Holocaust education itself has become a game of partisan football. One issue with Holocaust education is that it creates something of a standard. As Dara Horn noted in “People Love Dead Jews”, this turns into something we might call the “not the Holocaust” problem. There is sometimes a tendency to downplay subtler acts of antisemitism which have started to bubble up in the US and abroad. This is all while more traditional antisemitism, has become fashionable again. Because so much of this is indirect antisemitism, operating primarily in dog whistles, it has becoming commonplace.
I raised this to Sank, who agreed that “ it’s never outright hatred because that’s too much. It’s always hidden behind the curtain. It’s not antisemitism. It’s not Holocaust denialism. It’s something else.”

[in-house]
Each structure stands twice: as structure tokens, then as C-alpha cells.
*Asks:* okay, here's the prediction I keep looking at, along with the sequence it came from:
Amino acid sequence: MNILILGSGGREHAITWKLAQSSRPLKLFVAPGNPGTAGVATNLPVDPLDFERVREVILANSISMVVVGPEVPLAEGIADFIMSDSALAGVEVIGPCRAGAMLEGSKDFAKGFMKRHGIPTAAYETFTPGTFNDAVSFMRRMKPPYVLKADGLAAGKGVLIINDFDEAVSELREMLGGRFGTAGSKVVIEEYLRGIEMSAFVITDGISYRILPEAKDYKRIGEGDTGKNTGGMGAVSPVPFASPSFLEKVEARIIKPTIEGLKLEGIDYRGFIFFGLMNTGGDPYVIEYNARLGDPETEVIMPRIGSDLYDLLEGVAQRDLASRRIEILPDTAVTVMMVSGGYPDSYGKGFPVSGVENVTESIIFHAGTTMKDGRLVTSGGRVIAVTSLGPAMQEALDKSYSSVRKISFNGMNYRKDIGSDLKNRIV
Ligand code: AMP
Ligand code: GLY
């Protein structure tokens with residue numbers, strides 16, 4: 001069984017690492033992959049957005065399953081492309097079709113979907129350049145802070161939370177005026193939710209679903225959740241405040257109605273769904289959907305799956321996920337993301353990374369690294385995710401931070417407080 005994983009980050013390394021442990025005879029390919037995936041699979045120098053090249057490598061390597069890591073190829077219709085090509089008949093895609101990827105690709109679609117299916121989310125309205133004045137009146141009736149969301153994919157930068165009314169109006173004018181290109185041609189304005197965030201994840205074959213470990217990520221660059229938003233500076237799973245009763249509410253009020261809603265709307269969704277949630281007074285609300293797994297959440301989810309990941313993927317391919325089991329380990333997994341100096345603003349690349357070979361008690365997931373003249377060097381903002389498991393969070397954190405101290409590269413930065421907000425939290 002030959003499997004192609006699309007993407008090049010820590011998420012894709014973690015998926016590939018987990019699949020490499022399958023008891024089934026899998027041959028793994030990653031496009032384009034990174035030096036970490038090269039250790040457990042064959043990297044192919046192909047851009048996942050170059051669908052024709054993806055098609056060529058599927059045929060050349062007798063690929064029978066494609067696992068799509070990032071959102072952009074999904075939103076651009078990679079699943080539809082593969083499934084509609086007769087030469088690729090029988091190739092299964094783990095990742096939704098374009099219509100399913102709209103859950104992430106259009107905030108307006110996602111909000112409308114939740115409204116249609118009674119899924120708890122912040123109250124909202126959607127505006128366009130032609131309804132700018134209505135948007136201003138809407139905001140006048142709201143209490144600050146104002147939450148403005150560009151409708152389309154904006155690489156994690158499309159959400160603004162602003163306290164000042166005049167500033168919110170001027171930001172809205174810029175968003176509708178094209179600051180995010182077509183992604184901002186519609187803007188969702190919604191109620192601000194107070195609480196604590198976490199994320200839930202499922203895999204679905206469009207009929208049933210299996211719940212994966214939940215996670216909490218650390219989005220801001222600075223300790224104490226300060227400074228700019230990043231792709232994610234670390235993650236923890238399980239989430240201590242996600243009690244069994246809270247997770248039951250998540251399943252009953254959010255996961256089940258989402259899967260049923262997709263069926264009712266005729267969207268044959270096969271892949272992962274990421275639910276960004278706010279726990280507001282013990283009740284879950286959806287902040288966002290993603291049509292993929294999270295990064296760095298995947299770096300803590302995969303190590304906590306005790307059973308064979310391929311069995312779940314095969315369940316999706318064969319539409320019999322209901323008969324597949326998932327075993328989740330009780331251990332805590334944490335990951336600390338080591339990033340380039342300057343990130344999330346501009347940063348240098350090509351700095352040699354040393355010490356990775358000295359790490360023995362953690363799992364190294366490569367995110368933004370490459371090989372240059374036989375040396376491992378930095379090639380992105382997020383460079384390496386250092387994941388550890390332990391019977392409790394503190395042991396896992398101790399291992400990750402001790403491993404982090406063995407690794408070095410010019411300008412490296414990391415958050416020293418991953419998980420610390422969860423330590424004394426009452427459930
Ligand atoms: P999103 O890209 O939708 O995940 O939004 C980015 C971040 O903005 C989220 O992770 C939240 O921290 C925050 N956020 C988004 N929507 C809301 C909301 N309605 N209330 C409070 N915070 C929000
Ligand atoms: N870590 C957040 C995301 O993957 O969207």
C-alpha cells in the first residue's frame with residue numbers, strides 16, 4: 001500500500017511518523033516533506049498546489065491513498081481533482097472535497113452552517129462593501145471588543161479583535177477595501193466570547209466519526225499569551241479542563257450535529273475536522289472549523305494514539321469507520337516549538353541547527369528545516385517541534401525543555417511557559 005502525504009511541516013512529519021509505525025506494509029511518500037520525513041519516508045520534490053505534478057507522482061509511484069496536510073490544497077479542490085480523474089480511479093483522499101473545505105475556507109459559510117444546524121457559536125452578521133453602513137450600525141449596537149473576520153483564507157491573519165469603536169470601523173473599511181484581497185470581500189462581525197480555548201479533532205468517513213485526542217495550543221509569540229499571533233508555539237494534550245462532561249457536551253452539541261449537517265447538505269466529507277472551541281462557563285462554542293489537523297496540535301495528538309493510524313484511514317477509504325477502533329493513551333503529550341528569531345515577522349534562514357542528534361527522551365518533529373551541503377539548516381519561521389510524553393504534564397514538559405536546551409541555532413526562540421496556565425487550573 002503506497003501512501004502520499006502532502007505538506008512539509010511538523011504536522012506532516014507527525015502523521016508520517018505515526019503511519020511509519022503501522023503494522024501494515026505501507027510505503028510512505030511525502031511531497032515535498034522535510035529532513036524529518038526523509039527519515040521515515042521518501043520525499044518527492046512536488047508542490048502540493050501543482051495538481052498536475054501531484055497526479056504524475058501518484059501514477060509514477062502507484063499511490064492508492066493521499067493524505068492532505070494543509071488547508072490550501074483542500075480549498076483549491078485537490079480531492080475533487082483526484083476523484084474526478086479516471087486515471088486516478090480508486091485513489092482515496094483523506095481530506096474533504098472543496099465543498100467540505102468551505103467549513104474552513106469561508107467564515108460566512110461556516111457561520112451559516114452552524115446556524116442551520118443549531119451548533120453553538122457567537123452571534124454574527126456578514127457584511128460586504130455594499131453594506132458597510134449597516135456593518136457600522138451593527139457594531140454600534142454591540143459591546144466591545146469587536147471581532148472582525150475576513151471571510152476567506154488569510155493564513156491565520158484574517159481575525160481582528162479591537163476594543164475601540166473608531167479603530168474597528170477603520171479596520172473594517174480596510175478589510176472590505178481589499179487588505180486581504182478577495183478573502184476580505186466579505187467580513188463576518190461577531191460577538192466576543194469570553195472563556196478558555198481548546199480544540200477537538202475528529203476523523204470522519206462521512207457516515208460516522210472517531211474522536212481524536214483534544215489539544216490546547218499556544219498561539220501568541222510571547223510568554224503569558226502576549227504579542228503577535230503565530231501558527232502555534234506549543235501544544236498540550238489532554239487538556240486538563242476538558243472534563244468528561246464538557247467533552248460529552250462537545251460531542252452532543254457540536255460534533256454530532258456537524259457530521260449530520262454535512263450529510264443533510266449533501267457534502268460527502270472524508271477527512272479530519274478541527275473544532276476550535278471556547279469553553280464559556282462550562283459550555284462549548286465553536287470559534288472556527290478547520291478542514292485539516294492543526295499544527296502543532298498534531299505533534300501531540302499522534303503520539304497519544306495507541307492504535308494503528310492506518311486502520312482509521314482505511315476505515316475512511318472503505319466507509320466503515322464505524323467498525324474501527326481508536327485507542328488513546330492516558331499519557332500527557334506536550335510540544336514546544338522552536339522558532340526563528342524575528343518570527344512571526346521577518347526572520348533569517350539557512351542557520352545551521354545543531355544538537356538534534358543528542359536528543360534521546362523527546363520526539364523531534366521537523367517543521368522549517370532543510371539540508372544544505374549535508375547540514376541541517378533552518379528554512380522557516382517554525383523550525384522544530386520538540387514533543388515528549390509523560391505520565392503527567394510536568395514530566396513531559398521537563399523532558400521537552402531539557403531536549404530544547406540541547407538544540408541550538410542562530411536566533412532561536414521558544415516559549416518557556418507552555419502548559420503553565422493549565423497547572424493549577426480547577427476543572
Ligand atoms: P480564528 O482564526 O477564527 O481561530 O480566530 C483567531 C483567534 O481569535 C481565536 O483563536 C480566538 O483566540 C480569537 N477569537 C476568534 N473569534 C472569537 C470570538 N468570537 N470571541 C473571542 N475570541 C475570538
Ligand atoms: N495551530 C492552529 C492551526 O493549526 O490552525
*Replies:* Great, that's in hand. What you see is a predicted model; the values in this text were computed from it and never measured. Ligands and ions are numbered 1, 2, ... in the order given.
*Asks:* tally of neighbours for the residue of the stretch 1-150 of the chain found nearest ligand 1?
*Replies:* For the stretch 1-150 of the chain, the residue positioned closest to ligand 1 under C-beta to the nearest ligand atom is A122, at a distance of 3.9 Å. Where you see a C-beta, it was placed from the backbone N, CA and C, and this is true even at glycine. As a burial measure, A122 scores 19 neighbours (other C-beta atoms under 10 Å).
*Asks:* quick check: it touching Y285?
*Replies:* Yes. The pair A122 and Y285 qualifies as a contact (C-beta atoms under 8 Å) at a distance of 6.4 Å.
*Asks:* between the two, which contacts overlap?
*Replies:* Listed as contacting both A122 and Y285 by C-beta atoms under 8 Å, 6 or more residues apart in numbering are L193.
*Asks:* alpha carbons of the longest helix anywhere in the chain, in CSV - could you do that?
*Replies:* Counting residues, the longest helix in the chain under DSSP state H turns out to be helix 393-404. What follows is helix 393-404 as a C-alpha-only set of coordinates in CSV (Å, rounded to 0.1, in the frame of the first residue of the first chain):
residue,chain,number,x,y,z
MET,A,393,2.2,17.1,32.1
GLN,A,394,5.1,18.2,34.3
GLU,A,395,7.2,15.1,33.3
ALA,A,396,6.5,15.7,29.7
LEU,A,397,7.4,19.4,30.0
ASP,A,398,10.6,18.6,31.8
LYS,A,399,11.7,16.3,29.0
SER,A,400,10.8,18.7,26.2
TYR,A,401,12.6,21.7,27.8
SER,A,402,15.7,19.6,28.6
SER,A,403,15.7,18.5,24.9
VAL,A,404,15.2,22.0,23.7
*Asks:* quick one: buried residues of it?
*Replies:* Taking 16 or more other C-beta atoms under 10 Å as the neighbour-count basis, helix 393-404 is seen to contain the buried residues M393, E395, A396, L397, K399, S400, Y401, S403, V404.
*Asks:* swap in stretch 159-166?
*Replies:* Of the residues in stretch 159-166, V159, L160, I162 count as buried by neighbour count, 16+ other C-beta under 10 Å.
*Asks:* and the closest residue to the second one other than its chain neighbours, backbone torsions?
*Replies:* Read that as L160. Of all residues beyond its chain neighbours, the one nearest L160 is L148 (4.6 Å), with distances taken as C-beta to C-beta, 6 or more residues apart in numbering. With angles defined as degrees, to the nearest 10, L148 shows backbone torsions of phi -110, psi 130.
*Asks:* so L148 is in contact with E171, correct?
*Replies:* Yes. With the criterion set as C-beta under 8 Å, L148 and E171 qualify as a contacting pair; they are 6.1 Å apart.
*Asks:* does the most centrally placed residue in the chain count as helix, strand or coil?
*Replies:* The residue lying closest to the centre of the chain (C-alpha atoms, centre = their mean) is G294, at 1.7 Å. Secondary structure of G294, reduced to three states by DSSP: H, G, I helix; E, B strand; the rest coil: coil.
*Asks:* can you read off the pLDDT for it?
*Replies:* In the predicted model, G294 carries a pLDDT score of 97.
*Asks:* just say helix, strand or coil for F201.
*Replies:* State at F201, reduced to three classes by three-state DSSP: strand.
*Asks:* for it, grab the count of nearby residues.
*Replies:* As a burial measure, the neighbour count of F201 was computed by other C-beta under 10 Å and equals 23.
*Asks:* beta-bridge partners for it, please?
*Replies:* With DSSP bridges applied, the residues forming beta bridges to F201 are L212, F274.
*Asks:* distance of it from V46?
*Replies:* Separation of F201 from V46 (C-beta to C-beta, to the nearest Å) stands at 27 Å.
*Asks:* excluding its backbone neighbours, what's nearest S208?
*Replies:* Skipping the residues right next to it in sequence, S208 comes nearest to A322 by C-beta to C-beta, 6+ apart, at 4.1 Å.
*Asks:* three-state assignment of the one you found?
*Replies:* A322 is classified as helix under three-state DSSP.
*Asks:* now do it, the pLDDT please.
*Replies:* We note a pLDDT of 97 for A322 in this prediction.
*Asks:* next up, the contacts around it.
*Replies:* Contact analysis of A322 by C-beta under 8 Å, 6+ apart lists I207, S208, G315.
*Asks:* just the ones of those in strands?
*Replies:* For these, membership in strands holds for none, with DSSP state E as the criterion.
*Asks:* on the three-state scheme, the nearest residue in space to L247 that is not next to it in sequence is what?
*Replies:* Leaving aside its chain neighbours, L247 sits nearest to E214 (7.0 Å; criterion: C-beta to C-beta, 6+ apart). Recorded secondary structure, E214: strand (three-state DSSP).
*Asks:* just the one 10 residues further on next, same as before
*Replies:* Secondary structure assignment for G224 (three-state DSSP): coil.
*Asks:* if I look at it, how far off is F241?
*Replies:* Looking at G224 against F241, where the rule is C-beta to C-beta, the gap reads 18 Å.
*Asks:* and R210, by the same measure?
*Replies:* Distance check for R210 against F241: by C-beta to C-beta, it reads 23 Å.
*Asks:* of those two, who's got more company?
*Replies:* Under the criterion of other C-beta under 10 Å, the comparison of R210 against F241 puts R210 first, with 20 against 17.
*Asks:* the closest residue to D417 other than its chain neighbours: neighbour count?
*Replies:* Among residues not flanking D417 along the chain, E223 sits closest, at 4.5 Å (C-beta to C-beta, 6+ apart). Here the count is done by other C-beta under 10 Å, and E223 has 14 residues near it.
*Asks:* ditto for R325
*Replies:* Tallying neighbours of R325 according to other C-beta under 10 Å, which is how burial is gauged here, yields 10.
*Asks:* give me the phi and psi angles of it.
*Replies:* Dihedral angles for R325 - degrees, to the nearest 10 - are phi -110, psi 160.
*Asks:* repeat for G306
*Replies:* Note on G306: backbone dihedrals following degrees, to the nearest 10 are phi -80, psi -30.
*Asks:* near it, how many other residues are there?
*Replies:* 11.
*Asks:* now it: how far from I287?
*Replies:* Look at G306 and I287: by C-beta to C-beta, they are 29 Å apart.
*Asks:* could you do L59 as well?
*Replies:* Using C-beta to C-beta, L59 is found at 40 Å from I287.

Sank agrees with Ella Blumenthal on how to fight this recurrence of hatred, and thinks it’s a lesson which applies universally.
“I think the only way to counter that, and it’s a hard thing to do and it’s really more in theory, but the way Ella approached a South African influencer who was spitting out antisemitism and Holocaust denying rhetoric was to approach with love,” said Sank in reference to an influencer who had spouted antisemitic Holocaust denialism. In that instance, Blumenthal wrote an open letter asking to sit down and talk, attempting to directly confront bigotry. This film, a testimonial of Blumenthal’s experience in the Holocaust as well as her defiant insistence on telling her story, is an encapsulation of that approach.
I Am Here will be released in select theaters on March 11, 2022
Tomorrow, we will run video and a transcript of our full discussion with director Jordy Sank.